Monday, August 17, 2015

Talking ties

My daughter Rachel passes on this observation. She knew I would like it:

Yes, ties take time to tie and sometimes get uncomfortable. However, a tie tells everyone you meet, “I respect you, my job, and myself, and I’m willing to take the time to show it.”

Harry K. Wong and Rosemary T. Wong, The First Days of School: How to Be an Effective Teacher (2009).
I started wearing a tie in my last three years of teaching, for two reasons. Certain candidates for the Republican presidential nomination had appropriated the elements of my style, making it impossible for me to wear button-down shirts and jeans and sweater-vests in good conscience. And I had come to realize that my old square-end knit ties were now vintage ties and that such ties were once again being made. So I began to buy, tie, and wear. I wasn’t thinking about respect though. I was having fun.

I was once told of a teacher who told his students that teachers who wear ties “think they’re better than you.” He of course wore no tie. I hope that at least some of his students saw his us-and-them strategy for the cheap trick that it was. I know Rachel would have.

comments: 2

Sean said...

Immediately following grad school, and being a little down on ties for the most part, a senior faculty member I met during my first university position expressed a very similar sentiment as the one quoted in your post. But he also added: As you are standing in front of a classroom of music students you're not just disseminating that day's theory lesson. You are also tacitly representing to your students that you are an example of choices you've made — everything from what you chose to wear that day, the importance and value of the lecture, to the things you've chosen to dedicate your life to — and that those things are important and worthwhile.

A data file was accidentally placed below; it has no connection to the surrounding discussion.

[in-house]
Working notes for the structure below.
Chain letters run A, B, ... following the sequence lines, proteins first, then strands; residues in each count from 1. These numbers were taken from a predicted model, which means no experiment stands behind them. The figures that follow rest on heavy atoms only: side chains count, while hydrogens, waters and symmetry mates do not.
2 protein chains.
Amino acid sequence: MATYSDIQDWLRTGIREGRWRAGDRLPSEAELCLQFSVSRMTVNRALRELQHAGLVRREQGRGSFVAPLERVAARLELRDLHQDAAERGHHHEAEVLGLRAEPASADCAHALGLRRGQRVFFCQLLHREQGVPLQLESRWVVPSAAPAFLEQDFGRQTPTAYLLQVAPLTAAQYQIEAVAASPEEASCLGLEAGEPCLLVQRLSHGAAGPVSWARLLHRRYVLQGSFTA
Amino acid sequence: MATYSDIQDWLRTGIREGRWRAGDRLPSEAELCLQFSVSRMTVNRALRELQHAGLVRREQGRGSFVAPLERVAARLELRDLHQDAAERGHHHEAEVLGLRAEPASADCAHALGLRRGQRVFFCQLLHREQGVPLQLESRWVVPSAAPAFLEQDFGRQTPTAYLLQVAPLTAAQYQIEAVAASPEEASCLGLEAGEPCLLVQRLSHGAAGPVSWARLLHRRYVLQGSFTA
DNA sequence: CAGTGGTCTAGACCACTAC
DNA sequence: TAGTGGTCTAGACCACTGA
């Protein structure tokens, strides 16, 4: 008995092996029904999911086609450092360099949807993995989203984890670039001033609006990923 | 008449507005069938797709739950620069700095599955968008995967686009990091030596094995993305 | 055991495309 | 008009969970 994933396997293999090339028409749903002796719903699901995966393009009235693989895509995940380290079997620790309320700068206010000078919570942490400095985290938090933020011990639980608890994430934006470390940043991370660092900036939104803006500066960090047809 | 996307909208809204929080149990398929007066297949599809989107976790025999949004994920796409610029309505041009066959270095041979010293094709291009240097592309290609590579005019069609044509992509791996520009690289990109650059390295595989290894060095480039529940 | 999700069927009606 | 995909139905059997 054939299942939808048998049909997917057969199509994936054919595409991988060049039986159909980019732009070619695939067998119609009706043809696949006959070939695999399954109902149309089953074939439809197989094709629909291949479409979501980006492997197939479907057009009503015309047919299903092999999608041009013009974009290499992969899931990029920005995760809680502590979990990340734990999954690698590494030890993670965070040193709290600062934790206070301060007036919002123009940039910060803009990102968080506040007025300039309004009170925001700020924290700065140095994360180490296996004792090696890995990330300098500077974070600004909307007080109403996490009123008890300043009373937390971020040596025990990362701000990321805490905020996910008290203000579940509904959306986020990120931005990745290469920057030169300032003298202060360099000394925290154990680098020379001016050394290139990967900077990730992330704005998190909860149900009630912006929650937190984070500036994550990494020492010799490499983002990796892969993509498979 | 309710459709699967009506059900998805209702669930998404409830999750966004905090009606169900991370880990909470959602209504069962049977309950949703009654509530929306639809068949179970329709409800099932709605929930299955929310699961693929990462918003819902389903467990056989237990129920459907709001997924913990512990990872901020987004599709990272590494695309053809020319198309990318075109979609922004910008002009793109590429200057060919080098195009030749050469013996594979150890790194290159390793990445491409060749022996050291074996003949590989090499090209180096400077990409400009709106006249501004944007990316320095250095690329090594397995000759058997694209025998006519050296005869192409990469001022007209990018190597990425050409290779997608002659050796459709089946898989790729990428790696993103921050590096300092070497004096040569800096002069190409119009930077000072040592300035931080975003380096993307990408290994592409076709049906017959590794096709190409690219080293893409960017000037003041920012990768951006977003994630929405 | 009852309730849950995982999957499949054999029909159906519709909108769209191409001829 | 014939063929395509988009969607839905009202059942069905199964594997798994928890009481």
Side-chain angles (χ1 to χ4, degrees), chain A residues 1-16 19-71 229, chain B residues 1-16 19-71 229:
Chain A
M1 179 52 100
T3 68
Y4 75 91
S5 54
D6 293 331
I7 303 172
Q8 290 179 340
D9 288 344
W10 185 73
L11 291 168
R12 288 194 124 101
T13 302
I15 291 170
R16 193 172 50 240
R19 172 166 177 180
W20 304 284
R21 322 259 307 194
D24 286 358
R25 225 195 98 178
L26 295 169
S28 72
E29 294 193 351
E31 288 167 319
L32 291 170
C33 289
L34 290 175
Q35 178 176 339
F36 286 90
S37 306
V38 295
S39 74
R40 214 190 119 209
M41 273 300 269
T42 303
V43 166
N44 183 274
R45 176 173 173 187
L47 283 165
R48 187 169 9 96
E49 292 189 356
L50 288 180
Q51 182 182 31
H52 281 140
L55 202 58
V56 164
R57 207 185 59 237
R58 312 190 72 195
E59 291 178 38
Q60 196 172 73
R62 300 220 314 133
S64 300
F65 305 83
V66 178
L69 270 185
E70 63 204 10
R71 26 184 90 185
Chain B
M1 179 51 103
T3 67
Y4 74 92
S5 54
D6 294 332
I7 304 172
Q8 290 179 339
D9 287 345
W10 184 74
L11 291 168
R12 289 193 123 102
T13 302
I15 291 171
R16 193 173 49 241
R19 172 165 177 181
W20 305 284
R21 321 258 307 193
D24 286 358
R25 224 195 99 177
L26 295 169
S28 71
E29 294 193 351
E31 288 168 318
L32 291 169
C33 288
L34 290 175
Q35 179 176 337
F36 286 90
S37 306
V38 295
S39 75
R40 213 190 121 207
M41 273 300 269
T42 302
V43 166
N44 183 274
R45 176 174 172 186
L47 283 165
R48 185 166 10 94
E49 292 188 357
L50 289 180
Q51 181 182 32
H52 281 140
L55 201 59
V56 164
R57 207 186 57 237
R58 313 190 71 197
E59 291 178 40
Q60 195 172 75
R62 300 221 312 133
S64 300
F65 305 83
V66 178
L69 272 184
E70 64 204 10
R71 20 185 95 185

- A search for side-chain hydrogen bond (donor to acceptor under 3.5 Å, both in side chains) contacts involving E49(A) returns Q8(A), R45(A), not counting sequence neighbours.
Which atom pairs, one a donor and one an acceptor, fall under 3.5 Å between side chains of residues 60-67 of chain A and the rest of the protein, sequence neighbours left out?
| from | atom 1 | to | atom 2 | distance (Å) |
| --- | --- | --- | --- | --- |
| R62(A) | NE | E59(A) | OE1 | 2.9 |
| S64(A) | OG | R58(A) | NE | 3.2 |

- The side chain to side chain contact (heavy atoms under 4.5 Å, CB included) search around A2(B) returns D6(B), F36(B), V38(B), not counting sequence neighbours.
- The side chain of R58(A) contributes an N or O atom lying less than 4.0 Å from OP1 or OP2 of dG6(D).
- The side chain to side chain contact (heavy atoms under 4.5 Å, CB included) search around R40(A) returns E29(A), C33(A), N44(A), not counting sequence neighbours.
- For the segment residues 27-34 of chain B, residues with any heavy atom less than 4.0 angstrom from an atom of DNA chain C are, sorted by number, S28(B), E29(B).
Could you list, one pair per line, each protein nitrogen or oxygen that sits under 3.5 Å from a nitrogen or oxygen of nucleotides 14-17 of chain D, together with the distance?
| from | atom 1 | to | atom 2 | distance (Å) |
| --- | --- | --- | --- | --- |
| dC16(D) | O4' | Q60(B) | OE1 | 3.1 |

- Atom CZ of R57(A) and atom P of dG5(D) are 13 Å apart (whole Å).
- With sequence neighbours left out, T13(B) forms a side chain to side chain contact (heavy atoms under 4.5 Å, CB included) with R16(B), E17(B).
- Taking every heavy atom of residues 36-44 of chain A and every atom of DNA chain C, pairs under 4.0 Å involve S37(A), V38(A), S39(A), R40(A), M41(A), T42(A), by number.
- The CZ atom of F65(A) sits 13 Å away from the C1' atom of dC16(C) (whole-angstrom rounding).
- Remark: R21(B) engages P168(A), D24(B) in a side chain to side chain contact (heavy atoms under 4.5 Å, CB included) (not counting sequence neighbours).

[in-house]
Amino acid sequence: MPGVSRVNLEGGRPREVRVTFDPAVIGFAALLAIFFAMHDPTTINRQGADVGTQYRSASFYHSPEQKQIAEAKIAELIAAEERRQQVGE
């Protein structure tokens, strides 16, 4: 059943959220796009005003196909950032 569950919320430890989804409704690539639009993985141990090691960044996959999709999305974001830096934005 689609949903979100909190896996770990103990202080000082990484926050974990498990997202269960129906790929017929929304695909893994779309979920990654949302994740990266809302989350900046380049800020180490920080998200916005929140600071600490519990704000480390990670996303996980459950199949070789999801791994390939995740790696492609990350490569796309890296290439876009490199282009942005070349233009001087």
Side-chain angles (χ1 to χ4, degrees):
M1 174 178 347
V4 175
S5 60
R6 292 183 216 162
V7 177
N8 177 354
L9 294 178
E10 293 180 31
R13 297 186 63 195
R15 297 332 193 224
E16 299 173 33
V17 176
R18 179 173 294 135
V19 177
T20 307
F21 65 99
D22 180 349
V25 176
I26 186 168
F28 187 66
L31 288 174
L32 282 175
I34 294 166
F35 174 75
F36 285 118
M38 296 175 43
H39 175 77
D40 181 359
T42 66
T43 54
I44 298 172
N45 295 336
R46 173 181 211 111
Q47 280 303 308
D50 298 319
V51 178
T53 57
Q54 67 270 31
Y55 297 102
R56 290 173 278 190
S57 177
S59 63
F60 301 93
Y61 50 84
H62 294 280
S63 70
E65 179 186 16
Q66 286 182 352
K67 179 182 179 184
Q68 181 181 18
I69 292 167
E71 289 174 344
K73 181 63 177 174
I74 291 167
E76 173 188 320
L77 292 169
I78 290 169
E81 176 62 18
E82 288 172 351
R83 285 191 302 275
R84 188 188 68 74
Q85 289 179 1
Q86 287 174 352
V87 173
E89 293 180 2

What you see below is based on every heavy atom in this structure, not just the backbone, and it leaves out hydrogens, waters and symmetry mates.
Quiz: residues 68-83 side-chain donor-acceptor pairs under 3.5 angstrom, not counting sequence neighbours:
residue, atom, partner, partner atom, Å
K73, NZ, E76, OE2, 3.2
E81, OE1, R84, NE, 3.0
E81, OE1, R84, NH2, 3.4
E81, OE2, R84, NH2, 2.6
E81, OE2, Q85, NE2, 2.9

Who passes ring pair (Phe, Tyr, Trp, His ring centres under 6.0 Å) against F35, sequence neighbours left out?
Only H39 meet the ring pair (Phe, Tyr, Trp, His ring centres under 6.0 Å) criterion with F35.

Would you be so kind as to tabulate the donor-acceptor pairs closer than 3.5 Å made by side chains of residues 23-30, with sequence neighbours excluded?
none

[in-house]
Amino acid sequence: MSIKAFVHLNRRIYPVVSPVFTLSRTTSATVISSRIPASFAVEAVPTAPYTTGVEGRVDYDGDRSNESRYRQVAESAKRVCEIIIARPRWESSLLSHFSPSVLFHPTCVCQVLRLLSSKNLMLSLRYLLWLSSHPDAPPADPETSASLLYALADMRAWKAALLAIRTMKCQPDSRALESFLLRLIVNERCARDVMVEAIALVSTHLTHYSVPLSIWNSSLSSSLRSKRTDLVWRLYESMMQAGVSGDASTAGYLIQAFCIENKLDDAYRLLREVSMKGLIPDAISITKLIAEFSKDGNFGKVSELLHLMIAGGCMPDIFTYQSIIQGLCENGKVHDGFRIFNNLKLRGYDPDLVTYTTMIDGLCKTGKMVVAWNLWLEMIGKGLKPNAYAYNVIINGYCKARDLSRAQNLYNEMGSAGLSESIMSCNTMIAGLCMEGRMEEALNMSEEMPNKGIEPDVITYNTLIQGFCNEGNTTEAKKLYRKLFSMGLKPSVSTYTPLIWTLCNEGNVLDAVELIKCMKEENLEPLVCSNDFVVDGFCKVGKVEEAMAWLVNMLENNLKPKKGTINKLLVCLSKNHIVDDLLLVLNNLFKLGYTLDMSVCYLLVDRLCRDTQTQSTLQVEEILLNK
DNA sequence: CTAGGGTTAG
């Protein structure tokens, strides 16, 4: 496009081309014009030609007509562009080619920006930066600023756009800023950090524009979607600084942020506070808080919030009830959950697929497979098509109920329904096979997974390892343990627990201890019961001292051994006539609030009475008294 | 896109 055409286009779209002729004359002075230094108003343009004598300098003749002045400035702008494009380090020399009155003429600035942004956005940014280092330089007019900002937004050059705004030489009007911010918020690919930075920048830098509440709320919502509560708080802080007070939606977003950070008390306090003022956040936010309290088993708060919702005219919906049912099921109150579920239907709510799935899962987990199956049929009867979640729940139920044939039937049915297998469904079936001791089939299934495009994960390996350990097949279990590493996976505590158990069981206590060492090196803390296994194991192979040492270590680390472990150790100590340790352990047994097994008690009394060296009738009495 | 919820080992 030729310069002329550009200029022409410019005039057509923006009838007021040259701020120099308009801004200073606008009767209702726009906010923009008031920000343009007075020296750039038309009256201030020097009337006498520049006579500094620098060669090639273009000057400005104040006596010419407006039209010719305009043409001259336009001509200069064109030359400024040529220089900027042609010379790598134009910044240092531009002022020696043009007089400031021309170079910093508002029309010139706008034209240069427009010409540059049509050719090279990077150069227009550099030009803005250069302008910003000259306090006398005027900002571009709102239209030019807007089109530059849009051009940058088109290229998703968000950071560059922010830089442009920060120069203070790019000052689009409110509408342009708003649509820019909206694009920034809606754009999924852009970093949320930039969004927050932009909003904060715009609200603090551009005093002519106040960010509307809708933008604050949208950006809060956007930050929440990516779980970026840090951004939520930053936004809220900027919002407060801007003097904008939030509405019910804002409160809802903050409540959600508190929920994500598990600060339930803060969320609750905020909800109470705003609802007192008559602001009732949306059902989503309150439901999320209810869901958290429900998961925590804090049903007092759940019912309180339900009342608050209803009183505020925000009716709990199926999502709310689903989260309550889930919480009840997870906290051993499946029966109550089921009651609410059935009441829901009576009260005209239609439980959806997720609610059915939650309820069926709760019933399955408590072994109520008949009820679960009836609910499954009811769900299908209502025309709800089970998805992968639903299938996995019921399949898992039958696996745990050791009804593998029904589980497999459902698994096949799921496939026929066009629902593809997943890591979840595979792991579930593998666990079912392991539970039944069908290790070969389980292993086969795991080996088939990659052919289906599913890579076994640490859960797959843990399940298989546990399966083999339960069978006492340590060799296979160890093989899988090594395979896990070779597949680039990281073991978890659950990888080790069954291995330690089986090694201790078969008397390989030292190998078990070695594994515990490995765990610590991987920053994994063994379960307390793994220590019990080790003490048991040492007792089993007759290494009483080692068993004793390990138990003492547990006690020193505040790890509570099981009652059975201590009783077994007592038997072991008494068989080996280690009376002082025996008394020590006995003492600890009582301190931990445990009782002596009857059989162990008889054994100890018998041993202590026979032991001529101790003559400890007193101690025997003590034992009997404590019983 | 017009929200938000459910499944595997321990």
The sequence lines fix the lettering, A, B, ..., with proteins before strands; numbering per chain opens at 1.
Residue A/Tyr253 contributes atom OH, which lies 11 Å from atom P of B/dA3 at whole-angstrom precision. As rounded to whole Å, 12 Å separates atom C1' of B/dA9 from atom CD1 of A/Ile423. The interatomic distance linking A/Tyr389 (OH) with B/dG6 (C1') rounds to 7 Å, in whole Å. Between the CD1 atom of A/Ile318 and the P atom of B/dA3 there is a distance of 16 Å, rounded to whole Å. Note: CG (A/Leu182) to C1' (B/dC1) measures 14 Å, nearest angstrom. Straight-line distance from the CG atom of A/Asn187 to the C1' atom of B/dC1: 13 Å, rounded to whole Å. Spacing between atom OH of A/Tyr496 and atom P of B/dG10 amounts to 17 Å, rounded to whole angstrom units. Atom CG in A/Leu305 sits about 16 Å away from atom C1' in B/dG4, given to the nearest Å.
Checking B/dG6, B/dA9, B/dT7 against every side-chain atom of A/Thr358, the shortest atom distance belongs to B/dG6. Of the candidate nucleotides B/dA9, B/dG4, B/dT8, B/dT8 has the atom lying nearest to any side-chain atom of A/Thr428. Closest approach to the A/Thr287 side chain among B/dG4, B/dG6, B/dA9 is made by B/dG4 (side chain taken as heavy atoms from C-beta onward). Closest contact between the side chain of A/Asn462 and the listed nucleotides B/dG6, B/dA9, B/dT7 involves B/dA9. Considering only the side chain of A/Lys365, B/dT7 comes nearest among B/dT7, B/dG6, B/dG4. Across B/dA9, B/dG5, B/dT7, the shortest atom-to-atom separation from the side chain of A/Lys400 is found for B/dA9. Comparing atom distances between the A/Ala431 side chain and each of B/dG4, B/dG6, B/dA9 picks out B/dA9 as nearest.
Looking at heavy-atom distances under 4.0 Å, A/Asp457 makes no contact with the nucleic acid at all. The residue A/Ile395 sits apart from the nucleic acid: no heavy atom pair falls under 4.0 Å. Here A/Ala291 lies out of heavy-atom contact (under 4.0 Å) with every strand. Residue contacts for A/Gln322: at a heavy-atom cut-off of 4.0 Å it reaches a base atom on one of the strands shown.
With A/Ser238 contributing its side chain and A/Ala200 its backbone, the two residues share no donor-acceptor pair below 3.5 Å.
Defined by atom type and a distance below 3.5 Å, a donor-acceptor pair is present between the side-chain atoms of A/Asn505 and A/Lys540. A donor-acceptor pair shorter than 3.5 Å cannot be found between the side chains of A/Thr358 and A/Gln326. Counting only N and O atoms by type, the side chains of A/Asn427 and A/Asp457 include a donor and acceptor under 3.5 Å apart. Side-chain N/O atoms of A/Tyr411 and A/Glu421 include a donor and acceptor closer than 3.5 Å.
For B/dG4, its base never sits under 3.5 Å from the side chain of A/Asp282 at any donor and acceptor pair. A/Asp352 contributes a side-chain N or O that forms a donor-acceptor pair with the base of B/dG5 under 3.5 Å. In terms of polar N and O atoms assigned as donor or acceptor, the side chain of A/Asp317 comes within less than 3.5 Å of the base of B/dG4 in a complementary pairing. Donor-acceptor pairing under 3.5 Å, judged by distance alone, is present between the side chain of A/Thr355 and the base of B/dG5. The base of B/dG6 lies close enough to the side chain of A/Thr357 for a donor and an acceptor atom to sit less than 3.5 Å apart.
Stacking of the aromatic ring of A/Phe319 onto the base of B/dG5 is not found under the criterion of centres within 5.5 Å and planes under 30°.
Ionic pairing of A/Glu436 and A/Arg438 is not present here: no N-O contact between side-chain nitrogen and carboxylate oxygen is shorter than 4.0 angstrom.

The message—that those choices are being constantly transmitted and reinforced by just about everything you do in (and out of) the classroom—has remained a powerful one for me, especially on those days when the extra mile seems more like a marathon.

Michael Leddy said...

I heartily agree. What that professor said reminds me of something Bryan Garner and David Foster Wallace talk about in Quack This Way: that writing conveys all sorts of messages to an audience beyond the content of what’s said.